If you’re blogging on a self-hosted WordPress site, I highly recommend using the WordPress SEO by Yoast plugin, which installs a simple set of menus on your dashboard so you can easily customize the most important components of your post’s metadata (the data about the post that helps web crawlers identify the main topics of your post). Regardless of what platform you choose, the following tips will help you flag the most important keywords to search engines and improve your chances of getting your posts included in search results.

  • Choose your title carefully. We all love being creative, but if your post is about unsafe working conditions, include those words in the title. It helps in search engine retrieval and in social media sharing.
  • Use html headers (h2, h3, etc.) when breaking up blog posts and make them meaningful. Descriptive headers allow readers to scan through quickly, and search engines will place greater weight on the keywords used there when indexing your post.
  • Get to know your meta tags. Meta tags include descriptive information about your web page. You know that snippet that appears in Google’s search results? That’s controlled by your site’s meta tags, so it pays to pay attention to them.

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Optimize your posts for sharing on Twitter and Facebook

If you use Twitter to share links, as many academics do, you’ve likely noticed that some websites include a preview of the content directly within the tweet. Likewise, Facebook includes an image and summary content whenever a link is shared. As authors on the web, we have control over what is displayed in these areas, but it means taking a few minutes to check the details of our posts.

Librarian Eric Phetteplace has written an excellent introduction to using Twitter Cards and Facebook’s OpenGraph Metadata Protocol to enhance the way a site appears when it is shared on these platforms. Facebook’s OpenGraph Debugger tool provides a preview of what a link will look like when it’s shared on someone’s timeline, and will flag any errors in the metadata for that site.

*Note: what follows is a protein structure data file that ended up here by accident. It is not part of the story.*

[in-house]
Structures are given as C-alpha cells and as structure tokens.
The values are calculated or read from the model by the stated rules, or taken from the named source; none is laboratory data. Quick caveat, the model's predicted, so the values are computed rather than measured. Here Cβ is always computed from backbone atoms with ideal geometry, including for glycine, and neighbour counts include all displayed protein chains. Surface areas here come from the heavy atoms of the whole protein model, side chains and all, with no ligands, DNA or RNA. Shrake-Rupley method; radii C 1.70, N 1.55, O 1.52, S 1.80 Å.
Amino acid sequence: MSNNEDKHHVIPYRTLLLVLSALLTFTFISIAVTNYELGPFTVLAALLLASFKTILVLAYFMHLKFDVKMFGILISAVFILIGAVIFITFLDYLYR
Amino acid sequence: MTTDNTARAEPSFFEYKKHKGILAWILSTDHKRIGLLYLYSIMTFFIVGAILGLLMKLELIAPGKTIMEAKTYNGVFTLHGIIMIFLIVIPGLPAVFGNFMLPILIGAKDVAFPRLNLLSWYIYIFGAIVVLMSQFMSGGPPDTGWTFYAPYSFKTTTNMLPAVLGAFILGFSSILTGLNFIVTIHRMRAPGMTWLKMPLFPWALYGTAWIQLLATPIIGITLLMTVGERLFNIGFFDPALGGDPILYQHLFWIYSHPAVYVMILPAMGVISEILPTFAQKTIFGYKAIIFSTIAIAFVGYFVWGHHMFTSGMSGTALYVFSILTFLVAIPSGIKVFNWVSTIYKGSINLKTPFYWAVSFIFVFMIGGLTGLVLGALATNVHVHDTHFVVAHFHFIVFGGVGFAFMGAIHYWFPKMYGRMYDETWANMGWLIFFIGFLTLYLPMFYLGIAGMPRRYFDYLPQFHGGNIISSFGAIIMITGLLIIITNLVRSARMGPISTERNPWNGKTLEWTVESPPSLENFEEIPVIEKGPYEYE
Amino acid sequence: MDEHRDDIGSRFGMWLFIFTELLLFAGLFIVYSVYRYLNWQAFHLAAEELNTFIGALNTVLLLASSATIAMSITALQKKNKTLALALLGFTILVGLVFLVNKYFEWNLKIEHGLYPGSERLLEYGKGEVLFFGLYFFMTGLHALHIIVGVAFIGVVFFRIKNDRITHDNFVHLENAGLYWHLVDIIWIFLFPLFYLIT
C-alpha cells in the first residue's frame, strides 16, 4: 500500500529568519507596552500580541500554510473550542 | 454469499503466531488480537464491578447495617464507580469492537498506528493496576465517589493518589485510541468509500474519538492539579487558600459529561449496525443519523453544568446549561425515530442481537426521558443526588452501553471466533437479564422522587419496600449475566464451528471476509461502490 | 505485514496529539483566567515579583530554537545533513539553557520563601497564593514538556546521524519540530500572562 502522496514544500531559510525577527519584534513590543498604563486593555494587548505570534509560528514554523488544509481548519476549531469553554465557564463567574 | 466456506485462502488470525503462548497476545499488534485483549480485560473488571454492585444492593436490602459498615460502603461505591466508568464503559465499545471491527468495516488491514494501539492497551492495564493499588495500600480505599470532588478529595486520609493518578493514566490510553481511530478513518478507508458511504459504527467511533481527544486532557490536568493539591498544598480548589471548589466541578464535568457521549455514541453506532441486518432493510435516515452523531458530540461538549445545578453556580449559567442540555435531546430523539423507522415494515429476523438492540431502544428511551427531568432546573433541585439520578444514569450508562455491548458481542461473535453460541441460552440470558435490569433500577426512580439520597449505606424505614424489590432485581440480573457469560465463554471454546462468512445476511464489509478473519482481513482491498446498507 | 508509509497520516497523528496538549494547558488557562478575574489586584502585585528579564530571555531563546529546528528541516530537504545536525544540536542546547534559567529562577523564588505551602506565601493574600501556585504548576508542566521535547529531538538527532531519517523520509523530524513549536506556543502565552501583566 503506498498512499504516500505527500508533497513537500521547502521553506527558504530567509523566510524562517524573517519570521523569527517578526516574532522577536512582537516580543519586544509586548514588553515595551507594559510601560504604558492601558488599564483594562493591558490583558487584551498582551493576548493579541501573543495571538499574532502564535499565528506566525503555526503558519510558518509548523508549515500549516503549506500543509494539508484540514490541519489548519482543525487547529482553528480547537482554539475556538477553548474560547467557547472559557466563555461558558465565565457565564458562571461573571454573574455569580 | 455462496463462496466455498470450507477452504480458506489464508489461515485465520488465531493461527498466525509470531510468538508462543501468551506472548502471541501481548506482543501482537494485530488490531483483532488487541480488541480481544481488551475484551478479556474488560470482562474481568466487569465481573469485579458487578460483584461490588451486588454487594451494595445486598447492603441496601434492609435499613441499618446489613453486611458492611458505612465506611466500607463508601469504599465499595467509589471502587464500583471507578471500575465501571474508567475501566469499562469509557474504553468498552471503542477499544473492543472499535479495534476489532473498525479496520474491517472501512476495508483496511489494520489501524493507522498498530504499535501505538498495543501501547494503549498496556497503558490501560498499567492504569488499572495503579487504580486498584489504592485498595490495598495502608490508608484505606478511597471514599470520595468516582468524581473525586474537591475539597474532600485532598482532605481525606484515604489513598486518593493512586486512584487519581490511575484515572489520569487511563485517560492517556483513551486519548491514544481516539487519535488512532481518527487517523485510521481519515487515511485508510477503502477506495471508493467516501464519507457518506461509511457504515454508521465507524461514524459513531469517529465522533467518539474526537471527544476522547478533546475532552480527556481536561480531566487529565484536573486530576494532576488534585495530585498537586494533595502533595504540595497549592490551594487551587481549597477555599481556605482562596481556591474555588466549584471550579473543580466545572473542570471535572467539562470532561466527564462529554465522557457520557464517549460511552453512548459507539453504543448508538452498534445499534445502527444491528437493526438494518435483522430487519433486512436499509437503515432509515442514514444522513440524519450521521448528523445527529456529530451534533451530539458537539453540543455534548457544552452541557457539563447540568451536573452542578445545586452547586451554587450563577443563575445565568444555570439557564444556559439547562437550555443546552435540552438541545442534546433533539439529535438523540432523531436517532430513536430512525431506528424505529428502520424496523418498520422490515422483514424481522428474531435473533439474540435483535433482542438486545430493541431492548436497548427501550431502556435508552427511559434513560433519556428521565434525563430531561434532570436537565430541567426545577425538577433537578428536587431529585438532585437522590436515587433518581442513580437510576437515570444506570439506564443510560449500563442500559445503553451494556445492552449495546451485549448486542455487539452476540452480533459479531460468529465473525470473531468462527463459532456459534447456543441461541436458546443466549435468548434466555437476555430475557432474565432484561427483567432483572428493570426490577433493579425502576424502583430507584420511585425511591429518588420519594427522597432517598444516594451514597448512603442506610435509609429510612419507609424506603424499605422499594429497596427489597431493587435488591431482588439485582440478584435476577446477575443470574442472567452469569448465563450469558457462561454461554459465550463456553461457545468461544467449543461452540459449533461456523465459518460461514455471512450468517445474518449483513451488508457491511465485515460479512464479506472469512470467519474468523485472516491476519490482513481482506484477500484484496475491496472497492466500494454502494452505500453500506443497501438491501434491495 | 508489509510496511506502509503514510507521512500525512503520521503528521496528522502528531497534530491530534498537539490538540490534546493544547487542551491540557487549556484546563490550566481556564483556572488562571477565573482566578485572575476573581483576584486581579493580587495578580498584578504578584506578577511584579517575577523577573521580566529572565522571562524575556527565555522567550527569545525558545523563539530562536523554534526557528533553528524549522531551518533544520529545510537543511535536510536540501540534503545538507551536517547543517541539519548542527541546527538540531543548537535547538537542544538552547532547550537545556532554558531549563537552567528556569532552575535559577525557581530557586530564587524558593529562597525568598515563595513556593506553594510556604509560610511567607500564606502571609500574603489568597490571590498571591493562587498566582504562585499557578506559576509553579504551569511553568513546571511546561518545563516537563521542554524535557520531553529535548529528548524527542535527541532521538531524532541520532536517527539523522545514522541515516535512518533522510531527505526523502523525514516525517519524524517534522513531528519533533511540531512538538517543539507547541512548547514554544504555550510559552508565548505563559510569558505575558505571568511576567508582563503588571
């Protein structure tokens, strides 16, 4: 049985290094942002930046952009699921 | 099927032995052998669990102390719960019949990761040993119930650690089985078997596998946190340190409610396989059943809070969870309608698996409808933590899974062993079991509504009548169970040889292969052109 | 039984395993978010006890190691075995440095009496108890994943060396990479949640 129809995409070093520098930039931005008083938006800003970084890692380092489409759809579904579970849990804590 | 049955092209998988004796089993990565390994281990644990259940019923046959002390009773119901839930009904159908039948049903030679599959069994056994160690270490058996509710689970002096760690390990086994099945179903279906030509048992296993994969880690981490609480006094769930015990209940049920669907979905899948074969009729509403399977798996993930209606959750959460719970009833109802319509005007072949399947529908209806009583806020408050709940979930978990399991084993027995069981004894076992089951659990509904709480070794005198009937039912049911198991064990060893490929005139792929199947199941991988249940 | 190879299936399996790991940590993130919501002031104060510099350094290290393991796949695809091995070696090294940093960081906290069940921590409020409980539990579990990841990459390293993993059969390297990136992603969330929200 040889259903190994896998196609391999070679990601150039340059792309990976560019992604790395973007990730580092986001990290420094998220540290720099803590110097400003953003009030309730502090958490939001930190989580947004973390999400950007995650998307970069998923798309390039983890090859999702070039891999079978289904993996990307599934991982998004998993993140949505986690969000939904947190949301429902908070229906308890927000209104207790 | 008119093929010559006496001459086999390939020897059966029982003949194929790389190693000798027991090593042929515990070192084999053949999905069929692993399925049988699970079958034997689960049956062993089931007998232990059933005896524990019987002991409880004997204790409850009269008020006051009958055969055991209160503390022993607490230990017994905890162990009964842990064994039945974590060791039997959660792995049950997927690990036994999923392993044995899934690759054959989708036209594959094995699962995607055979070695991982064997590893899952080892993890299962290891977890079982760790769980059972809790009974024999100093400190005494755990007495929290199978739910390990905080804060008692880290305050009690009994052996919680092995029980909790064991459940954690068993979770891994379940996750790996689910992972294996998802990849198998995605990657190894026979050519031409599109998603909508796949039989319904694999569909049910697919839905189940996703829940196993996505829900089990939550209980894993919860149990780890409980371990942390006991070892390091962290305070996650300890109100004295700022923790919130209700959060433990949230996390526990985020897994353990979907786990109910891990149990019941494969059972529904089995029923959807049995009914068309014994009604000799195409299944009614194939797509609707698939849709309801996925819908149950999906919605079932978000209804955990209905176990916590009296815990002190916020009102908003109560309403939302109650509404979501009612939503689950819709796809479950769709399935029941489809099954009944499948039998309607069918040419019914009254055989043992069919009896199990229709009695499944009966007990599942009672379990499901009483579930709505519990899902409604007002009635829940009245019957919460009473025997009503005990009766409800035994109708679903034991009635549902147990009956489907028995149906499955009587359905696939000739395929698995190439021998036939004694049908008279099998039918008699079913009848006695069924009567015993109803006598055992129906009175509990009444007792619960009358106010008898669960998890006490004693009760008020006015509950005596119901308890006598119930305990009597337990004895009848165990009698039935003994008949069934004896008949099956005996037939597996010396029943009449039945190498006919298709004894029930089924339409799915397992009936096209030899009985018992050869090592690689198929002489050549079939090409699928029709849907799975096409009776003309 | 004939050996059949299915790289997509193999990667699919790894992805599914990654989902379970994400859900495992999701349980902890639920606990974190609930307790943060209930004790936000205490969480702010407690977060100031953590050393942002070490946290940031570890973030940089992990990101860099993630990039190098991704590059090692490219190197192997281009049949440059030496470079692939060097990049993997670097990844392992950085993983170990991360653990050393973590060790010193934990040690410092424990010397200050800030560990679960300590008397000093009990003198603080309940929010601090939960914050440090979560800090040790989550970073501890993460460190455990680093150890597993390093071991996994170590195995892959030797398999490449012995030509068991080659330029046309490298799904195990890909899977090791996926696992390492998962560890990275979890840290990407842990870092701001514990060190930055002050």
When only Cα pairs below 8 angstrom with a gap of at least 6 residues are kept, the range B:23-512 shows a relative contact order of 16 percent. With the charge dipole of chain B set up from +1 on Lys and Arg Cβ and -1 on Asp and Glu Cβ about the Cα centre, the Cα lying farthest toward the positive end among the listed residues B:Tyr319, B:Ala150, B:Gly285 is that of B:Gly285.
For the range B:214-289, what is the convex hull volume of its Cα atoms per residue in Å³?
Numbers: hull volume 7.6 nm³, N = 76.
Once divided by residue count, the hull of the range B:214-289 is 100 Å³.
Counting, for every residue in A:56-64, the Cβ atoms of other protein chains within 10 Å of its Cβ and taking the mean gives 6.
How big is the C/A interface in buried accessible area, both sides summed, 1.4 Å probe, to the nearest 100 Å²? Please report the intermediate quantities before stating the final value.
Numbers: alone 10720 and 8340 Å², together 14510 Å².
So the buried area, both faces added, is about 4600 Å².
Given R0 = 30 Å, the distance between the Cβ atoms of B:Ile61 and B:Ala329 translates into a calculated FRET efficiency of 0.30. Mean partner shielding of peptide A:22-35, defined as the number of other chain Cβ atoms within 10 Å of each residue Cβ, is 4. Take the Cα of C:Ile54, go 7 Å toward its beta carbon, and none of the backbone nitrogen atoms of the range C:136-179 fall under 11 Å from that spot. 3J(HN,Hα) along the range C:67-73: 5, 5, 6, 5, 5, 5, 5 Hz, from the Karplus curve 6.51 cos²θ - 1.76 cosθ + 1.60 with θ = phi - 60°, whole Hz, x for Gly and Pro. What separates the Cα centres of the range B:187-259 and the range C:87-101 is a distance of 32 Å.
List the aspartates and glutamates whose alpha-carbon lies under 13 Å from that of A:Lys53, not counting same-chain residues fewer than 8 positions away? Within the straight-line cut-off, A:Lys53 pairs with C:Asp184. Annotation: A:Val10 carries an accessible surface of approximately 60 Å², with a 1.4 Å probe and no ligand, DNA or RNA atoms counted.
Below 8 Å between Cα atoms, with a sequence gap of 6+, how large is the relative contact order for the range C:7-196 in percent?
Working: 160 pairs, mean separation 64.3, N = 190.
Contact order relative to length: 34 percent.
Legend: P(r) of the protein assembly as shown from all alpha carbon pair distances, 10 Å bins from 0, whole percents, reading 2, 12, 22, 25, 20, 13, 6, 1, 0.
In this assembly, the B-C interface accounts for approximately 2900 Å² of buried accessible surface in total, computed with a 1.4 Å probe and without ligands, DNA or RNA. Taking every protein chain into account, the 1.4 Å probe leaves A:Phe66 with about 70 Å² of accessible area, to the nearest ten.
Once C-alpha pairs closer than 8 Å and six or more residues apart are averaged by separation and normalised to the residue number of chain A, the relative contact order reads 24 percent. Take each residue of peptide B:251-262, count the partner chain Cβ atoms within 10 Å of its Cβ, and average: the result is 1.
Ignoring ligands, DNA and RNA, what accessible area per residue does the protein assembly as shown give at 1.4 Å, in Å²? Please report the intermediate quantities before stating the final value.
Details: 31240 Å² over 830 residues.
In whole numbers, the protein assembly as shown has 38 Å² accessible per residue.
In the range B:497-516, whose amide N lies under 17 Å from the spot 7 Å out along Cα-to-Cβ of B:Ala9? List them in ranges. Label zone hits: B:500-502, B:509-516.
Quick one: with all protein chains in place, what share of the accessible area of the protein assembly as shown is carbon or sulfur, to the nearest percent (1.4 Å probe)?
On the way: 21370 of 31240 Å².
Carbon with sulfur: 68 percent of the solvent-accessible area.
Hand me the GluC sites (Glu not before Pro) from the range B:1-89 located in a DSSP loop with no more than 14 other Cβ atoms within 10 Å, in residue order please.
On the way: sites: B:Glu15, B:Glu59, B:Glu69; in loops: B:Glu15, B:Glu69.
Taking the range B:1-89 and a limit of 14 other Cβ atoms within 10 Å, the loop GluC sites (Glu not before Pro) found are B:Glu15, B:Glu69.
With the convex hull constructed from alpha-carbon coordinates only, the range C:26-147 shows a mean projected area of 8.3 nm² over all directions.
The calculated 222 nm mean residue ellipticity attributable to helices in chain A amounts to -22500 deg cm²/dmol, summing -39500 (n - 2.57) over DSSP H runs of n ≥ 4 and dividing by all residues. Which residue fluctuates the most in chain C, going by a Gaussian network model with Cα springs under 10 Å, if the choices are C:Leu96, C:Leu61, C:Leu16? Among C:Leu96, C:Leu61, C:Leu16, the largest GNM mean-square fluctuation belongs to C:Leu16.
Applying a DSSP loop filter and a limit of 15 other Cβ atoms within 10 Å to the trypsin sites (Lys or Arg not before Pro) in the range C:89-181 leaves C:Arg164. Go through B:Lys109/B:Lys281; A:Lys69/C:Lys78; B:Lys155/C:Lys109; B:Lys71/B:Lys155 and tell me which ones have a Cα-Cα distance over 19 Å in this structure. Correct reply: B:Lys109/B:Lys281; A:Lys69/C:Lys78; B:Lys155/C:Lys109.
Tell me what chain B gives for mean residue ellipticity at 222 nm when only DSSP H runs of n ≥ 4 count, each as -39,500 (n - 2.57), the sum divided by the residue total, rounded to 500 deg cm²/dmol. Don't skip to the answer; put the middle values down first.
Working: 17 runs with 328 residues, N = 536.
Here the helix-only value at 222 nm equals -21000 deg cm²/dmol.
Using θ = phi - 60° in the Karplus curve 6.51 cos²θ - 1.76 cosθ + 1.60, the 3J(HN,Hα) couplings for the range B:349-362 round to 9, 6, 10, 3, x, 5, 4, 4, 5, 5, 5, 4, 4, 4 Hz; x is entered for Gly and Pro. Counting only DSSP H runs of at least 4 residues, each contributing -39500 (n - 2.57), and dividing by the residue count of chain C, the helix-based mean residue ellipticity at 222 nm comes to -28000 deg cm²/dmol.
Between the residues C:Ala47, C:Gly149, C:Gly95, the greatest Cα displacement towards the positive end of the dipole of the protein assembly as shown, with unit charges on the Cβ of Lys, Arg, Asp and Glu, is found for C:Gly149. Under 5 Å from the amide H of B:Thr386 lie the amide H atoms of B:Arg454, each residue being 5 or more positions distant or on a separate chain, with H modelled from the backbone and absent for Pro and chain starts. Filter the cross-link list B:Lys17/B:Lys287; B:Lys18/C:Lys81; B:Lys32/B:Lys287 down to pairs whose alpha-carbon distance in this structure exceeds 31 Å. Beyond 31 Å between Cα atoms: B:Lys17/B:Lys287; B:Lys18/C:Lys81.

Measuring your reach with analytics

To see how visitors to your blog are interacting with your posts, most platforms provide basic data and will distinguish between page views and unique visitors. Many will also tell you what search terms brought people to your post, and what site or social media service linked, or referred, them to your site.

To drill further down into detailed metrics, Google Analytics stands alone for in-depth analysis, but it can get rather complicated quickly. Google offers free resources (online courses and tutorials) for learning and implementing Google Analytics on your website, including a Setup Checklist that goes over the details for getting started with the service.

Altmetrics tools like Impact Story and Plum Analytics can capture the reach of work outside the traditional formats of academic articles and books, including blog posts, datasets, and slides, and will measure stats from social media sites as well.

Bottom line: don’t let the immediacy of digital publishing platforms lead you to neglect the mundane tasks that lead to polished publications. Your audience depends on it.

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This post was written by Roxanne Shirazi (@RoxanneShiraziMaster of Arts in Liberal Studies (MALS) student and an adjunct librarian at the Graduate Center, CUNY. She is also a Founding Editor of the dh+lib blog.

Launching Media Skills for Academics Topic Series

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Summer is typically the time when academics use to delve into research, writing, and brushing up on skills.